California Marijuana Dispensary Crackdown Faces Legal Challenge
The San Jose Mercury News reported:
Oakland-based Americans for Safe Access argued that the Justice Department has "instituted a policy to dismantle the medical marijuana laws of the state of California and to coerce its municipalities to pass bans on medical marijuana dispensaries" by means of aggressive raids, criminal prosecutions of medical marijuana patients and providers, and threats to local officials who implement the state's law.
ASA Chief Counsel Joe Elford said that although the Obama administration is entitled to enforce medical marijuana laws, the 10th Amendment forbids it from using coercive tactics to hijack the state's lawmaking functions. "This case is aimed at restoring California's sovereign and constitutional right to establish its own public health laws based on this country's federalist principles," he said.
U.S. Attorney General Eric Holder and Melinda Haag, the U.S. attorney for Northern California, are named as the defendants in the lawsuit.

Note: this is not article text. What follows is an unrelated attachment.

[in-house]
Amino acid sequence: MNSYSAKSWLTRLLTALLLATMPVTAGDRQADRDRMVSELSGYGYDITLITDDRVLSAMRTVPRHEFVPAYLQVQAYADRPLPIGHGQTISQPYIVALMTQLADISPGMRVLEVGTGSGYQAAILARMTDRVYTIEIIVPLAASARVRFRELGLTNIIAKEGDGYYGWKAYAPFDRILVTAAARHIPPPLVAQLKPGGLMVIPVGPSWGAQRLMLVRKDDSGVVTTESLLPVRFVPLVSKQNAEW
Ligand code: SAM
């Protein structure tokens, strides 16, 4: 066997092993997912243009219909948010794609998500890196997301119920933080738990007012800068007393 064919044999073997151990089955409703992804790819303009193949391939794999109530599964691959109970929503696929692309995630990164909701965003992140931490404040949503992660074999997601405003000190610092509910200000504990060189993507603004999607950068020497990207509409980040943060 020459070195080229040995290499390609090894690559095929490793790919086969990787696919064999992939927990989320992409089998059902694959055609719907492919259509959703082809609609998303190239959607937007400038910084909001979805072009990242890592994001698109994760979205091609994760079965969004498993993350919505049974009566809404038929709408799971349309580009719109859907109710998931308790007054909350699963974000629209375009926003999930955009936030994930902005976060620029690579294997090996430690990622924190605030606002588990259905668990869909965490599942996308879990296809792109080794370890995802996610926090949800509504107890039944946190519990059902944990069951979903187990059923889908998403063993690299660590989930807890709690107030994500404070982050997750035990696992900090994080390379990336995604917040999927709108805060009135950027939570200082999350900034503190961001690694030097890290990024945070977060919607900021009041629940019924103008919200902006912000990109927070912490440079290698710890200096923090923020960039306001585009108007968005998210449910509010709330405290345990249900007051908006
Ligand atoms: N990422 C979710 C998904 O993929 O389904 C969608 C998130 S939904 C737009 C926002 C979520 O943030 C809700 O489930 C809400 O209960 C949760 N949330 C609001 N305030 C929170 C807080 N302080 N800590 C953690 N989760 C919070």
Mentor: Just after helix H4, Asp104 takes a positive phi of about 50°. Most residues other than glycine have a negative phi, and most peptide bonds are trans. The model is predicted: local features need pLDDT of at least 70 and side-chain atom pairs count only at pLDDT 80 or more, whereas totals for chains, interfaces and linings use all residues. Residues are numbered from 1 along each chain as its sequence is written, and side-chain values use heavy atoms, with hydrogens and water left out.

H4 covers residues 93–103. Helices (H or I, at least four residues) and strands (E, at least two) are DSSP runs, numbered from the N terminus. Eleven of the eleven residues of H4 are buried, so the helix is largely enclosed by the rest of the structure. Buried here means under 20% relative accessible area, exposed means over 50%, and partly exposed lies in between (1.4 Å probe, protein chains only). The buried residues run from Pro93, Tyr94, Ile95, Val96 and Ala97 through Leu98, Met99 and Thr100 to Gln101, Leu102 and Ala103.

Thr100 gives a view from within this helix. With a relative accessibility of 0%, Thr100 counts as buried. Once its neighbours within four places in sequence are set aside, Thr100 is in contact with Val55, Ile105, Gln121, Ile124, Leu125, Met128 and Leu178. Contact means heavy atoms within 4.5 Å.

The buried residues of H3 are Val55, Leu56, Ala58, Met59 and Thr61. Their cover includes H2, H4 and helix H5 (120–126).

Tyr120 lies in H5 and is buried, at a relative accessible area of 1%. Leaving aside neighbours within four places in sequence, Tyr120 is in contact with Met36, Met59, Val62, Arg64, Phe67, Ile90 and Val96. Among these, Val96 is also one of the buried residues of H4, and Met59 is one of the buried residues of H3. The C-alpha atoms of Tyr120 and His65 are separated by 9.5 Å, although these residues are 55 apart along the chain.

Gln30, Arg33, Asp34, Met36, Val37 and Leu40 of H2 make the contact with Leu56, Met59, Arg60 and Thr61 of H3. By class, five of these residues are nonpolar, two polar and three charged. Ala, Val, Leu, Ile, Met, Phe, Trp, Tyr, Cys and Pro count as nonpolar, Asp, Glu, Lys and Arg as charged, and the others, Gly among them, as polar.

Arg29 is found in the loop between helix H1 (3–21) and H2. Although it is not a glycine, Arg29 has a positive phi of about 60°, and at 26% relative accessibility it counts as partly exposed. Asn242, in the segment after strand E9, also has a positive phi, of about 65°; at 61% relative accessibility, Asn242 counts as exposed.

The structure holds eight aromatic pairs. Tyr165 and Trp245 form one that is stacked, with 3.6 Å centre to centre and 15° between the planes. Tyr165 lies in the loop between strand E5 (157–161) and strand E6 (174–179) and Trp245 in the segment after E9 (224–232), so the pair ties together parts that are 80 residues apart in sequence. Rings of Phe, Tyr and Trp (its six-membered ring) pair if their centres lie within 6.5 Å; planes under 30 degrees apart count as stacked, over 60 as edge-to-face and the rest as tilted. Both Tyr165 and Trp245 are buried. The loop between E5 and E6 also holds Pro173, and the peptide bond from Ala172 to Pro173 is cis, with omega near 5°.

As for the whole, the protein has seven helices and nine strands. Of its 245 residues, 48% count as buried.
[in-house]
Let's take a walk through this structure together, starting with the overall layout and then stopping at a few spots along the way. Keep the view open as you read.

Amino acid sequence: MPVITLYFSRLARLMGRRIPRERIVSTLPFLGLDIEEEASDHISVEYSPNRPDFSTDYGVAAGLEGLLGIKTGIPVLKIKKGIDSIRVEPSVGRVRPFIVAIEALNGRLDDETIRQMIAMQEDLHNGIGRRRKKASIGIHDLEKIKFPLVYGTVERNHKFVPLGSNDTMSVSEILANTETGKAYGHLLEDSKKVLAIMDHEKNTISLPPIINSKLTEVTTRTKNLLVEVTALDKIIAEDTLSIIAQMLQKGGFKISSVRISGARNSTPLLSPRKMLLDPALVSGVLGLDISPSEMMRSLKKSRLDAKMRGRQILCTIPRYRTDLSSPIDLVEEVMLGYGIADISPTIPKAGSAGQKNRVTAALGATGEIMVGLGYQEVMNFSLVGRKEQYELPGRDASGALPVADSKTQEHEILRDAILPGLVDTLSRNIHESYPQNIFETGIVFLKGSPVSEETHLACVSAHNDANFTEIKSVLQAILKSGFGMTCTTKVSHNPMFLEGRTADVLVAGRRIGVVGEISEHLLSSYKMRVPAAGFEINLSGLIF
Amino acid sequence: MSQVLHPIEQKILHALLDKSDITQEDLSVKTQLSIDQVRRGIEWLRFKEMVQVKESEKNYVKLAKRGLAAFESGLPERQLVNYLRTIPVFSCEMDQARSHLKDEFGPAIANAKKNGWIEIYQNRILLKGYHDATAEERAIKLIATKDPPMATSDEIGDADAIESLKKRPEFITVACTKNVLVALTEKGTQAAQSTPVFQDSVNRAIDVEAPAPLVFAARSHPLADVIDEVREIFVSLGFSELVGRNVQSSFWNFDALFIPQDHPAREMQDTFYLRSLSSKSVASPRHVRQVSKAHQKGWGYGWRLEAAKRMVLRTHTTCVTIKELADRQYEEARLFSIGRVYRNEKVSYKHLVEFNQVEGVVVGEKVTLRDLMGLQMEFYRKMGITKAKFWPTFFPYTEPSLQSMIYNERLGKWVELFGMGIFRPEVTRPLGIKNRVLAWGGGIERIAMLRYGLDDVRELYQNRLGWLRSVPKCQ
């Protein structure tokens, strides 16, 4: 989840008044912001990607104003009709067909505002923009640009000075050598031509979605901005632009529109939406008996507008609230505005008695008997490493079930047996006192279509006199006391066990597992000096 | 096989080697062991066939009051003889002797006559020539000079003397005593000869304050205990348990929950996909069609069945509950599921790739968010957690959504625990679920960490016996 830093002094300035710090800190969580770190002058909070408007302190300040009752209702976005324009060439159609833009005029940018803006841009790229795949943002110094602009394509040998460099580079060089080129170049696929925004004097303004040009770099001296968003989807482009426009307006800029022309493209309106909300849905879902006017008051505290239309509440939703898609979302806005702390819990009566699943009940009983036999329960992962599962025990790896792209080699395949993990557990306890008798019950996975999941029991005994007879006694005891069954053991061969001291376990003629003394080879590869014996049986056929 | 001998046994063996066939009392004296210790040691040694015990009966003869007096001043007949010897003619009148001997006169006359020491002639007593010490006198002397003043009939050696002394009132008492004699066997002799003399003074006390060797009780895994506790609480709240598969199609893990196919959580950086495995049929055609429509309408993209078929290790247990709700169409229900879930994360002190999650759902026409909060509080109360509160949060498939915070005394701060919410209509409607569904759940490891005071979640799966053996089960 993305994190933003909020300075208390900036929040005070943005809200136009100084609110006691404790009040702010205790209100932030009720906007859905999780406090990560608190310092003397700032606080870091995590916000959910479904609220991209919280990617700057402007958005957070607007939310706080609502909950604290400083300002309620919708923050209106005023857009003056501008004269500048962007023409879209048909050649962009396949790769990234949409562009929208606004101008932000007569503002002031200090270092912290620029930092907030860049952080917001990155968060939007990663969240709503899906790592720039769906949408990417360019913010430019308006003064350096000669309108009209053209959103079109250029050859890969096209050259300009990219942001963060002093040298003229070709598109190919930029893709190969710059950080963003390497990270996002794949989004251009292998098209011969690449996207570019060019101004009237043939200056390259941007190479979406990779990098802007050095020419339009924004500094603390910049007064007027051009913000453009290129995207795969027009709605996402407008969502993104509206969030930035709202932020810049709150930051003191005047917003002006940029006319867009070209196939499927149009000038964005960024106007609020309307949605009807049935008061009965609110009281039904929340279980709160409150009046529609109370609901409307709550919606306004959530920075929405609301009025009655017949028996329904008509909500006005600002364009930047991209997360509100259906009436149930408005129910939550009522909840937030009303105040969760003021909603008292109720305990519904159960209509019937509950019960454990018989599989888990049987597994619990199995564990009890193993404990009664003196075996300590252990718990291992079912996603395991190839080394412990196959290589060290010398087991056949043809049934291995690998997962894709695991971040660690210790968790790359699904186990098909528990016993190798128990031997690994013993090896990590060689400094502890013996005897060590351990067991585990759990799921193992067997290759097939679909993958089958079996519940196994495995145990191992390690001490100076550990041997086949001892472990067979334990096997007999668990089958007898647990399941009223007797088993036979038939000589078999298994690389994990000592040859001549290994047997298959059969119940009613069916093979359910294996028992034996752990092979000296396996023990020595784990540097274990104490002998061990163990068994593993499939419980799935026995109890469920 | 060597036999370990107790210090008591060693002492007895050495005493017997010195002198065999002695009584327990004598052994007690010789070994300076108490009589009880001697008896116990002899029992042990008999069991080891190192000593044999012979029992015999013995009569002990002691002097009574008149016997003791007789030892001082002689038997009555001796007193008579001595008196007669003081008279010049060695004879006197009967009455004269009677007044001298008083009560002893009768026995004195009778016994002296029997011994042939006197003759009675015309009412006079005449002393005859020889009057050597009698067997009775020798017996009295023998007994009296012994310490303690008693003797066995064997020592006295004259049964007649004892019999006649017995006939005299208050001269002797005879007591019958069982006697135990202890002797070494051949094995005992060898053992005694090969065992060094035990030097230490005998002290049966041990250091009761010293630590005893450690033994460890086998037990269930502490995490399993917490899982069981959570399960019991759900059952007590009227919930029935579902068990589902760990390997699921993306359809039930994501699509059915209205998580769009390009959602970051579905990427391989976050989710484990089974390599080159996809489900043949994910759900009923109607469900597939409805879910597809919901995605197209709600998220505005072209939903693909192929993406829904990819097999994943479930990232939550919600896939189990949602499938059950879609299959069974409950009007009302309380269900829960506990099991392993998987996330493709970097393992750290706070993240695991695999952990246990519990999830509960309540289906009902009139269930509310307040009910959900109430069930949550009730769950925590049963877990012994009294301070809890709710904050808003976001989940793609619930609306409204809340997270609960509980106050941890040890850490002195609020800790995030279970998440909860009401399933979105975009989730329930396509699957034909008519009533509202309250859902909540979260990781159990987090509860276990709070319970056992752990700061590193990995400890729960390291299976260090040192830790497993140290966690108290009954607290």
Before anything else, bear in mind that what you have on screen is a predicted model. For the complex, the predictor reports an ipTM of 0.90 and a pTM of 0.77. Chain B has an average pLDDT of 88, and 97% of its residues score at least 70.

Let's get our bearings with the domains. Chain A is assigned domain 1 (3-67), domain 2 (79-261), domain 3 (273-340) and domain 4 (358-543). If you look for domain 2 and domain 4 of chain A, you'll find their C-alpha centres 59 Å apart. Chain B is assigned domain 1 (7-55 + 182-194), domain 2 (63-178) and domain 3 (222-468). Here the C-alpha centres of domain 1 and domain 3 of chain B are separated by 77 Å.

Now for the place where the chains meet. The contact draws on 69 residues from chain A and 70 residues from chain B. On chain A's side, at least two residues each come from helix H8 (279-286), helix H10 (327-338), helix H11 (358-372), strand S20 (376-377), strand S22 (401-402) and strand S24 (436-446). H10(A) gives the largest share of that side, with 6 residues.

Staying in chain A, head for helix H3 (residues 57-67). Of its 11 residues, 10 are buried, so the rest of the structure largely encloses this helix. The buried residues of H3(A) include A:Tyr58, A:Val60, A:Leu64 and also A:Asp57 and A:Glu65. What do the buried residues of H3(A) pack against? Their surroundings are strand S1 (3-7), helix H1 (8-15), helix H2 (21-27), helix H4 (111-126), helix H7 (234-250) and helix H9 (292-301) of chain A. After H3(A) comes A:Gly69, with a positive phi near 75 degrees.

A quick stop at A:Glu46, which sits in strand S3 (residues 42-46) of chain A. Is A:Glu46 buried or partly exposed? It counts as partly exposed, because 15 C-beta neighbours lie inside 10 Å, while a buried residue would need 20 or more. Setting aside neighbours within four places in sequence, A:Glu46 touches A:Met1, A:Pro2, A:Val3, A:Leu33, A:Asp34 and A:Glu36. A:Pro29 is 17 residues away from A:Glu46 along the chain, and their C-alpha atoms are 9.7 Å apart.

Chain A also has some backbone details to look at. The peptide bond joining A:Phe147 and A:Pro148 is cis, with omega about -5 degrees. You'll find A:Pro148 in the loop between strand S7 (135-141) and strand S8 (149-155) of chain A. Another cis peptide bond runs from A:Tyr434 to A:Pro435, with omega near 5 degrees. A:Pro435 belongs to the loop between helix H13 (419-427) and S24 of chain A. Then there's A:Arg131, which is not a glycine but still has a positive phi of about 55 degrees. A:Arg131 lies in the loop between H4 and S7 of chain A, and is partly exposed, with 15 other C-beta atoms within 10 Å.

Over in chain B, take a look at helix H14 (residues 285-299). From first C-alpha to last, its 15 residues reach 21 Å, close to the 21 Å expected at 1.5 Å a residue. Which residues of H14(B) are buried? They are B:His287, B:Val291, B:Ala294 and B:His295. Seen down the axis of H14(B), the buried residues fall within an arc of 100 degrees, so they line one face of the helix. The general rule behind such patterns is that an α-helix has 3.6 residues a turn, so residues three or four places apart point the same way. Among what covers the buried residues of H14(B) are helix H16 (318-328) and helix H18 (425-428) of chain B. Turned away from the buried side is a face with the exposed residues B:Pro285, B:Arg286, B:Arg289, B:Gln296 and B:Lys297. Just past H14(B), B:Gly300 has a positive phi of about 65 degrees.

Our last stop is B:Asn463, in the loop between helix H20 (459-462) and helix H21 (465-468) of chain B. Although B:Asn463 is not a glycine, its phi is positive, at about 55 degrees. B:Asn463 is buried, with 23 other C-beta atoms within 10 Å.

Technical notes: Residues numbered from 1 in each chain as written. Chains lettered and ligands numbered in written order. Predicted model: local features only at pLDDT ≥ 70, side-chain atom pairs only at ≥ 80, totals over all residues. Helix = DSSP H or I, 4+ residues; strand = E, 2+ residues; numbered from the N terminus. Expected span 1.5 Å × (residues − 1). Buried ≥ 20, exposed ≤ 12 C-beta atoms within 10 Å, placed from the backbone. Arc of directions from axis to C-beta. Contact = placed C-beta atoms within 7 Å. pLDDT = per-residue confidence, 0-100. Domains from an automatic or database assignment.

Earlier this month, federal officials announced a crackdown on California medical marijuana dispensaries, threatening businesses with stiff punishments if they did not shut down within 45 days.
A lot of the targeted dispensaries, however, had already closed their doors. The Associated Press reported: "Many of the 38 Southern California pot outlets that were targeted in the letters already have closed because landlords, threatened with criminal charges or seizure of their assets, were given just two weeks to evict their tenants."
The Huffington Post reported that hundreds of marijuana advocates demonstrated outside a fundraser President Obama was attending in San Francisco on Tuesday, calling for the federal government to stop its crackdown on medicinal marijuana in the state.